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Eau Libre by Yves Saint Laurent

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Unlike M7, a more recent and better-known flop from the house of Yves Saint Laurent, Eau Libre never did achieve the status of cult classic. I've had limited success finding information on Eau Libre online, which could simply be a function of the fact that it dropped in the mid-1970s and may only barely have survived the decade. I think it's a possibility that had the internet not existed, M7 might have passed quietly from the scene in similar fashion, largely forgotten. But enough about that; let's get to what I do know about Eau Libre.

Released in 1975, Eau Libre was marketed as a unisex fragrance. This was apparently no afterthought. From what I gather, perfumer Michel Hy went to the proverbial drawing board tasked with creating a scent for both men and women. The notion of a unisex perfume was not exactly new at the time; indeed, it's one that went back hundreds of years. My (limited) reading on the subject suggests that the gendering of personal fragrance was relatively unknown prior to the 20th century. Until then, by and large, perfume was perfume, and it was up to the consumer to determine whether or not a scent was a good fit. This was no longer the case by the 1950s, by which time consumers had gotten used to the idea that men were meant to smell a certain way, and women another. I say this only to point out that, in the mid-1970s, the idea of developing a fragrance for women as well as men must have seemed quite novel, even bold.

And while I wouldn't describe the scent itself as bold, I do think YSL hit the mark. Eau Libre is neither overly "pretty", nor particularly "butch". To me, it presents as a citrus Eau that has been masculinized—slightly—by adding a dollop of shaving cream.

So what happened? Again, information is hard to come by, but it seems that Eau Libre sold poorly and was discontinued after just a few years. My newest bottle has a batch code (on the box) that dates it to 1979. I found a review by someone who claims to have a bottle from 1982. When I first researched the fragrance, I got the impression that YSL pulled it very quickly. But 1975 to 1982 (or even '79, which is as late as I can personally verify) is not all that bad of a run. Of course, sales may have been dismal for much of it.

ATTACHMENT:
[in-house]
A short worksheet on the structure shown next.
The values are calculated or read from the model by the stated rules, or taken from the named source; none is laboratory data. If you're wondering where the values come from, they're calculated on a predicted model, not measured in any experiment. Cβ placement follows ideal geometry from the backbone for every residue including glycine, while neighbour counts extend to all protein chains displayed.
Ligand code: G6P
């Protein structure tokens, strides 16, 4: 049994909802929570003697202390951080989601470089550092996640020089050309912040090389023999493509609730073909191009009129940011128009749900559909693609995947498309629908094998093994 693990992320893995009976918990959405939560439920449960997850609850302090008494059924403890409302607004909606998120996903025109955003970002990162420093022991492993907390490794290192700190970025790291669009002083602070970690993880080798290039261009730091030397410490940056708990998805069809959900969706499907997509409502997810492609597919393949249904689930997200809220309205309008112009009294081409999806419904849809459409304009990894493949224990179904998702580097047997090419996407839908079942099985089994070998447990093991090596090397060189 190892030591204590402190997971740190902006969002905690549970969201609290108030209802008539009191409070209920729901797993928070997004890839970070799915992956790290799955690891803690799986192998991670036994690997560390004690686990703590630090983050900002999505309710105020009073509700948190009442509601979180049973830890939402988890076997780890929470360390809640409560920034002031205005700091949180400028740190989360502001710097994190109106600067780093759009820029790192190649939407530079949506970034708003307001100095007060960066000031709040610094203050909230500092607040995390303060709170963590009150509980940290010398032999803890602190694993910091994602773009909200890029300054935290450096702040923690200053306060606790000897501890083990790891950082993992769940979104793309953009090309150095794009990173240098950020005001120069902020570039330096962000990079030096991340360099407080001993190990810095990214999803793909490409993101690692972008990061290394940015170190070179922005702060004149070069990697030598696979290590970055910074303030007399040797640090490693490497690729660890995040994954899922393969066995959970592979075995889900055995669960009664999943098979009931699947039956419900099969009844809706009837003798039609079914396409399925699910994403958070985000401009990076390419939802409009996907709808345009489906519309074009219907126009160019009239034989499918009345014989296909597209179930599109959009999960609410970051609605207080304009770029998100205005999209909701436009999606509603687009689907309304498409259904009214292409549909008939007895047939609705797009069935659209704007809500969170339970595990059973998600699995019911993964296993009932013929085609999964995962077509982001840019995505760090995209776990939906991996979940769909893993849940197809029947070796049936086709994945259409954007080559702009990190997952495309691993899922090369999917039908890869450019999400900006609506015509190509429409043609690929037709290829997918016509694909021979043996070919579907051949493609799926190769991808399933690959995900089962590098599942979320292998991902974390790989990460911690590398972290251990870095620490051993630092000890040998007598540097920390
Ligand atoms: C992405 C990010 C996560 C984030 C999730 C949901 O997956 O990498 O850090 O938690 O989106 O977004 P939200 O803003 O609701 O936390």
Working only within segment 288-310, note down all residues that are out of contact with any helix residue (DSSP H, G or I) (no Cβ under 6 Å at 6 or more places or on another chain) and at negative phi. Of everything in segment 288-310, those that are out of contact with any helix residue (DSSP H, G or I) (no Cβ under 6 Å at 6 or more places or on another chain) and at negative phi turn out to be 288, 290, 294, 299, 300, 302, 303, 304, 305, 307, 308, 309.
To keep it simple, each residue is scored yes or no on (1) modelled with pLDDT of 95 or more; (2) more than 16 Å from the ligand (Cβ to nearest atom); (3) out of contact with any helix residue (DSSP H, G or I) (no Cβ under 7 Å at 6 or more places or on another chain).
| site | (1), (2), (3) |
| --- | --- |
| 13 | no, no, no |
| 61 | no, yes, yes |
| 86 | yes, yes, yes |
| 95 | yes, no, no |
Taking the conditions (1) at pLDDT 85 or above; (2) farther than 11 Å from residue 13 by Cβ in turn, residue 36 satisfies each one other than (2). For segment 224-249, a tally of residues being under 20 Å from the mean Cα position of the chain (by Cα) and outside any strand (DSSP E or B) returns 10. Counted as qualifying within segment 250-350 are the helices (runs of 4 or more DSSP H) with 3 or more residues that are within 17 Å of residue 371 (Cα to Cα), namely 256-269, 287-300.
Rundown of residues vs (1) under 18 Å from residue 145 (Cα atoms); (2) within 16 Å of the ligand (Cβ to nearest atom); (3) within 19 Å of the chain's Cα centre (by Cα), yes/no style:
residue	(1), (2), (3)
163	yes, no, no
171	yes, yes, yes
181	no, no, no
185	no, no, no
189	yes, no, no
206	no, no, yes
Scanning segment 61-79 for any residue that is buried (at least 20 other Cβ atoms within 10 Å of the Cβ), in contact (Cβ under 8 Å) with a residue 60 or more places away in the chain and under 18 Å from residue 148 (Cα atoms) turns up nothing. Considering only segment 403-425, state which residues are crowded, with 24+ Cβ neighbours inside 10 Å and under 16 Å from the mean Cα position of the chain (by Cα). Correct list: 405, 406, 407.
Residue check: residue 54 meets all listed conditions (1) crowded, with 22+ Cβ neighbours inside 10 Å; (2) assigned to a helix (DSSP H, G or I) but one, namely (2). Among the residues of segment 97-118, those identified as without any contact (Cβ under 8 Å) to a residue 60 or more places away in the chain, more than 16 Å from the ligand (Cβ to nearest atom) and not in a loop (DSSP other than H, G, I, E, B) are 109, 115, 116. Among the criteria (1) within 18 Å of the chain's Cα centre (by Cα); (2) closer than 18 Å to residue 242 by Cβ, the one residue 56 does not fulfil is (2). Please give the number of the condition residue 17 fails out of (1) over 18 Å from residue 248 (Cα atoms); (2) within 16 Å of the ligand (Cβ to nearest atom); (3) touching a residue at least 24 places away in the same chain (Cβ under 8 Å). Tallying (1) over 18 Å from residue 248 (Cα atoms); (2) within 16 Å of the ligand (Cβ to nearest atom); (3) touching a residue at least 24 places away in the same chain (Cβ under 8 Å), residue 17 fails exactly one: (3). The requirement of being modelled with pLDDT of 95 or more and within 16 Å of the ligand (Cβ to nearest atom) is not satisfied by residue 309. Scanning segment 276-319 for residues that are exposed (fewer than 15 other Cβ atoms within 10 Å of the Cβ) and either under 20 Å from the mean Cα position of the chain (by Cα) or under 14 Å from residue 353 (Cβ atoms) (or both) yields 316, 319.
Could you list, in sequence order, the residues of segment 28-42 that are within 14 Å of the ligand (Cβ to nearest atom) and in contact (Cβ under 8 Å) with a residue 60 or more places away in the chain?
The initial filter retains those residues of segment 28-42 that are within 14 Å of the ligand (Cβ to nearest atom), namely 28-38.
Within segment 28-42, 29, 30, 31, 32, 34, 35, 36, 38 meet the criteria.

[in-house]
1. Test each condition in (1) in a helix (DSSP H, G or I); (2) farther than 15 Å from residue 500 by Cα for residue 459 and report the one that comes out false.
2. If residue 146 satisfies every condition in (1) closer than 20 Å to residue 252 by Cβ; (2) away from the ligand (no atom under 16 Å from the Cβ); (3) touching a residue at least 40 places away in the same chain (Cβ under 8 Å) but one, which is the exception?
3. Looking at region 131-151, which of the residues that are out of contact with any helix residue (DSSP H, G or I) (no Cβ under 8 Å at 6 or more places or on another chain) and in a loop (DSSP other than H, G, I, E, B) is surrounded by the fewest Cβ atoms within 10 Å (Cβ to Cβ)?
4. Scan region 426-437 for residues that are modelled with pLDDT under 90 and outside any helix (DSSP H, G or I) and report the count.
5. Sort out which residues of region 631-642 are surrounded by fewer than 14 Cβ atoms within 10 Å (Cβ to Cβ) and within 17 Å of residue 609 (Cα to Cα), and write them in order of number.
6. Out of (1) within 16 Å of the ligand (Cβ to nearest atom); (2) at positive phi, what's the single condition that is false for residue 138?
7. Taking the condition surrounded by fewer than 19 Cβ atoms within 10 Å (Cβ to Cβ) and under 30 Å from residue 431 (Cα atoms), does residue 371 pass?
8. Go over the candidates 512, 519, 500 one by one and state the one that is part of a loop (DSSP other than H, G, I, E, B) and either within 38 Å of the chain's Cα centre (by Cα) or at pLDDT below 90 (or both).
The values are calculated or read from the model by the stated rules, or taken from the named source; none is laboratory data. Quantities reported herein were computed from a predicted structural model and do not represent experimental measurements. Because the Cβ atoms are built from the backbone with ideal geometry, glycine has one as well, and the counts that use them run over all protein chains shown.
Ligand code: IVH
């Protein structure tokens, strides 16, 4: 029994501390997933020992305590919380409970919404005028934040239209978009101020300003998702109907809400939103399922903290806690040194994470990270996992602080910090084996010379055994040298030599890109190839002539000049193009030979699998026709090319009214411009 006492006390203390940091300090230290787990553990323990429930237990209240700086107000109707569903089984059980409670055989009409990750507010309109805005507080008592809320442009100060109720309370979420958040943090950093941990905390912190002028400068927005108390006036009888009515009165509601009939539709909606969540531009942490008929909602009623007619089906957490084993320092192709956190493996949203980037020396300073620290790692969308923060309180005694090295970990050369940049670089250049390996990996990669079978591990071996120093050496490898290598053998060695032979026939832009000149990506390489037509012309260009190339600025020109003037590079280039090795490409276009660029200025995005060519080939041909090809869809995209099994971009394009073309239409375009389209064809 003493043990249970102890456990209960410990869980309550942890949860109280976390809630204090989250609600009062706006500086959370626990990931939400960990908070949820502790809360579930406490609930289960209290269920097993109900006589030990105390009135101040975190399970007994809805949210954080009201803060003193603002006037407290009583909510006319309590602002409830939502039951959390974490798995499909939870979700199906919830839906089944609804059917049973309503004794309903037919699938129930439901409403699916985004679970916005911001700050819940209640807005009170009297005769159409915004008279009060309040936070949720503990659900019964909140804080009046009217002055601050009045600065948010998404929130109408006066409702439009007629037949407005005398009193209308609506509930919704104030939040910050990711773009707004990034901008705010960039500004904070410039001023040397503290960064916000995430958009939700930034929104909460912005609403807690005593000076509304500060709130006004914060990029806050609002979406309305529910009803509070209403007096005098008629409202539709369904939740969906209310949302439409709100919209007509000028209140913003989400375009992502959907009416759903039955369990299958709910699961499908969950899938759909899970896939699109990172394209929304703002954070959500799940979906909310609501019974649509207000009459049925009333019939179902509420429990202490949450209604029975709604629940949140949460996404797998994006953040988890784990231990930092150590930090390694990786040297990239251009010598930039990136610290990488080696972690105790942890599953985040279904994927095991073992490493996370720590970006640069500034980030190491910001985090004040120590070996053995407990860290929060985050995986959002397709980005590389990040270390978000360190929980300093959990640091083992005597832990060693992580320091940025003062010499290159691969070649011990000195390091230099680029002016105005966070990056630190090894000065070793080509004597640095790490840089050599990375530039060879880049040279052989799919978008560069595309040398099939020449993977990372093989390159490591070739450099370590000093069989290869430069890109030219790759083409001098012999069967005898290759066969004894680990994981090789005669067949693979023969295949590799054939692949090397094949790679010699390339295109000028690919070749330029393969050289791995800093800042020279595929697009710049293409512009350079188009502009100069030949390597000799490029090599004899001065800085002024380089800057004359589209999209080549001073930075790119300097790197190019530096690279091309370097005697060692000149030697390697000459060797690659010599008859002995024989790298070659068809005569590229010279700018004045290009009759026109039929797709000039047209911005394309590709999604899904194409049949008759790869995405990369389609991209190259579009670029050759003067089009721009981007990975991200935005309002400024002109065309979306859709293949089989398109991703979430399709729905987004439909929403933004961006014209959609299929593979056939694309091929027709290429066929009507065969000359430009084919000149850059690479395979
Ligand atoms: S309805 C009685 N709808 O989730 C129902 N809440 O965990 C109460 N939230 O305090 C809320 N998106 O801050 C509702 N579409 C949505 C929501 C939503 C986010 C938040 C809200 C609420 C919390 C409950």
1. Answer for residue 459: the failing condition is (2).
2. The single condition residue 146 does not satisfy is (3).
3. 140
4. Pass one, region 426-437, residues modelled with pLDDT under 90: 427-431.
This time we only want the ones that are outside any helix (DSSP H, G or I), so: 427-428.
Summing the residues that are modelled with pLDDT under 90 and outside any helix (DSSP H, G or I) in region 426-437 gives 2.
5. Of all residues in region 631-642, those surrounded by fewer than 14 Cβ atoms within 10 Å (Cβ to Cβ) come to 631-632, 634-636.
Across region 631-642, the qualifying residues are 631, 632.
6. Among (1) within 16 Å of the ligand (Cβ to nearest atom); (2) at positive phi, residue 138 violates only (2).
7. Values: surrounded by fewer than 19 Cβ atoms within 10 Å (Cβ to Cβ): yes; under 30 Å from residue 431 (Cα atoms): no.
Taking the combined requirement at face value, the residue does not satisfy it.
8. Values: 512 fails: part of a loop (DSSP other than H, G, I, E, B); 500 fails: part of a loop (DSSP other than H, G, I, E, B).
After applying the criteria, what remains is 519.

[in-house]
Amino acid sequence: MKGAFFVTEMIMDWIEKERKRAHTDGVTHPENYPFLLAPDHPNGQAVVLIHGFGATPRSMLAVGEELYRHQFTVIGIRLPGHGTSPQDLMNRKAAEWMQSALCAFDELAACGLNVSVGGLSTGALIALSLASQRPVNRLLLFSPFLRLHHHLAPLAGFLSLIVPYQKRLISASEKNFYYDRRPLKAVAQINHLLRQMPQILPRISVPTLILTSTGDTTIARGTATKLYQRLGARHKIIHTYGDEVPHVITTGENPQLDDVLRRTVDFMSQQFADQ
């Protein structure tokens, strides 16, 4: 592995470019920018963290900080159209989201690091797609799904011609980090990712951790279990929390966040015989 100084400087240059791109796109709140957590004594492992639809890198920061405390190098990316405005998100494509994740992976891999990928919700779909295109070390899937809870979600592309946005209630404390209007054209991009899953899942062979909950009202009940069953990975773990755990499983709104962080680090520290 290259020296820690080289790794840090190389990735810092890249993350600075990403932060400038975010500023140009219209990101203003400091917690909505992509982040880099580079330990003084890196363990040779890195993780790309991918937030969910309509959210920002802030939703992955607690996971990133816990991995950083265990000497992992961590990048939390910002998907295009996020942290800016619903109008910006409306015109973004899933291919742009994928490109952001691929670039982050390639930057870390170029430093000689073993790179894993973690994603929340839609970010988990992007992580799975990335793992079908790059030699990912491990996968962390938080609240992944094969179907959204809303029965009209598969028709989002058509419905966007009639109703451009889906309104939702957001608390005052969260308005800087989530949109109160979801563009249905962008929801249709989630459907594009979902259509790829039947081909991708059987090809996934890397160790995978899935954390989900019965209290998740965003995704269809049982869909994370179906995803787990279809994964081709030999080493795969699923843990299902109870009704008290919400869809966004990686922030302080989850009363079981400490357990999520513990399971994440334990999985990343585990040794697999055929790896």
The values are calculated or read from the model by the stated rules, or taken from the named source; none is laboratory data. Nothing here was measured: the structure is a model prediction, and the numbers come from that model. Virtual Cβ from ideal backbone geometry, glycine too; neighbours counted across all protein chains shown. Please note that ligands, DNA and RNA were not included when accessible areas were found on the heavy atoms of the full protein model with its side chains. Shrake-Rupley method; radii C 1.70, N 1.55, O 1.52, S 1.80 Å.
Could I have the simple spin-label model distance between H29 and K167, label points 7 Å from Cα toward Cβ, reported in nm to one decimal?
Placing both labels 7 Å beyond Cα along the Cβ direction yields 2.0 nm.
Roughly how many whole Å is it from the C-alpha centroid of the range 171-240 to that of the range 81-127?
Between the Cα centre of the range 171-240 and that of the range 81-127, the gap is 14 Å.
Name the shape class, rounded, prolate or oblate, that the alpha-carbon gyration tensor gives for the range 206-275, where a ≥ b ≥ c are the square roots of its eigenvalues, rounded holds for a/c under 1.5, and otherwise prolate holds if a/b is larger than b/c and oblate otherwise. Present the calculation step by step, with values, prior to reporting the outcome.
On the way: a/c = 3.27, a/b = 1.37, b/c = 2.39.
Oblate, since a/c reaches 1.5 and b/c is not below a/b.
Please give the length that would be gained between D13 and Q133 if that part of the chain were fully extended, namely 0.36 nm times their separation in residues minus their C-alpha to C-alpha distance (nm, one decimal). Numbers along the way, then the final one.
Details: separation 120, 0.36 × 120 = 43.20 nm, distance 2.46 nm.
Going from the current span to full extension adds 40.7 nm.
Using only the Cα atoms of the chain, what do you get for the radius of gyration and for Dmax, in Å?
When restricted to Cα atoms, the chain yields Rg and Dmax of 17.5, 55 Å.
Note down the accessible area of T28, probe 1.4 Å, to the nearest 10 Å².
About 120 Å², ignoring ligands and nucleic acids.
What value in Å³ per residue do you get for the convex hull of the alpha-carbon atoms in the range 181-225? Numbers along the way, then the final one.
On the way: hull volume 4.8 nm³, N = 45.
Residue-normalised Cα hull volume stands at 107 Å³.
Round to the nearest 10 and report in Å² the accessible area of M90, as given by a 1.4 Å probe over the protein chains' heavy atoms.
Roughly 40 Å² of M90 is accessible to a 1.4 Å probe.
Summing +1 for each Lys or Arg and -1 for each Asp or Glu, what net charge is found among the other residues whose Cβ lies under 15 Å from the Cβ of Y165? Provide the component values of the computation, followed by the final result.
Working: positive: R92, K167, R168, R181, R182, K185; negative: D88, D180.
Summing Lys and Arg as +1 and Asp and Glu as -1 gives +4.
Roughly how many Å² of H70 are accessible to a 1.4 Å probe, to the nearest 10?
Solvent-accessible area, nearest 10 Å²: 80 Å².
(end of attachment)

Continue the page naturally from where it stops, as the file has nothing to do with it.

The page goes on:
I had always wondered about the categorization of Eau Libre as a unisex fragrance. It's one thing for the public to decide, after the fact, that a particular scent reads that way. It's another for the house that created it to have made a conscious effort to develop a unisex scent and launch it as such. For example, I think Ô de Lancôme falls into the former category. Here on Basenotes, Ô de Lancôme is classified as unisex in the Fragrance Directory. I have no issue with that and enjoy wearing it myself, but I've not been able to find any evidence that Ô de Lancôme was in fact marketed as a unisex scent. But what about Eau Libre?

Well, friends, new information has come to light which may settle the question. I recently acquired another bottle of Eau Libre that came with a fascinating little artifact. It's a survey, on a postcard, soliciting feedback from Japanese consumers on this new YSL release. In Q1, consumers are asked about their general impressions of the scent and package design, and how the fragrance compares with the one they're currently using. Q2 asks the user to circle the words that the scent calls to mind (youth vs. maturity, hope vs. ennui, urban vs. rural, daytime vs. nighttime, vegetal vs. animalic, etc.). Q3 is where it gets really interesting, because it asks the user's opinion on the marketing tagline, which was, simply, "The world's first unisex fragrance." It goes on to ask whether the user has heard the word "unisex" before, and what they think when they hear the word. Space is also provided in which to comment freely on what the word brings to mind. Finally, Q4 asks what fragrances the user currently uses, and what age range the user falls into.

This bottle has no batch code that I can find, but the post card does provide a clue as to the age of the fragrance. On the reverse side of the card (just below the number 1982), I found the following:
"No postage required if mailed by 31 March 1976."
It seems to me this bottle of Eau Libre must have been produced several months prior to that date.

Have any of you had the opportunity to try Eau Libre? (Does anyone even remember it?) I quite enjoy it, but can't say I feel like any sort of gender-bending trailblazer when I wear it. As I said in a discussion in the Vintage Forum, Eau Libre strikes me as a pleasant little scent that probably never caught on, rather than some lost masterpiece. That's not to talk it down. It's a quality scent, and one I clearly think enough of to have bought a backup. Maybe it's my way of saying you're probably better off not dropping a bunch of money on a blind-buy just to acquire one of the few bottles that are available online at any given time.

Well, that's Eau Libre. I'd love to hear your comments, and if you have questions, I'll do my best to answer.
Thanks for stopping by.






Updated 6th August 2019 at 06:58 AM by roro

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Loving perfume on the Internet since 2000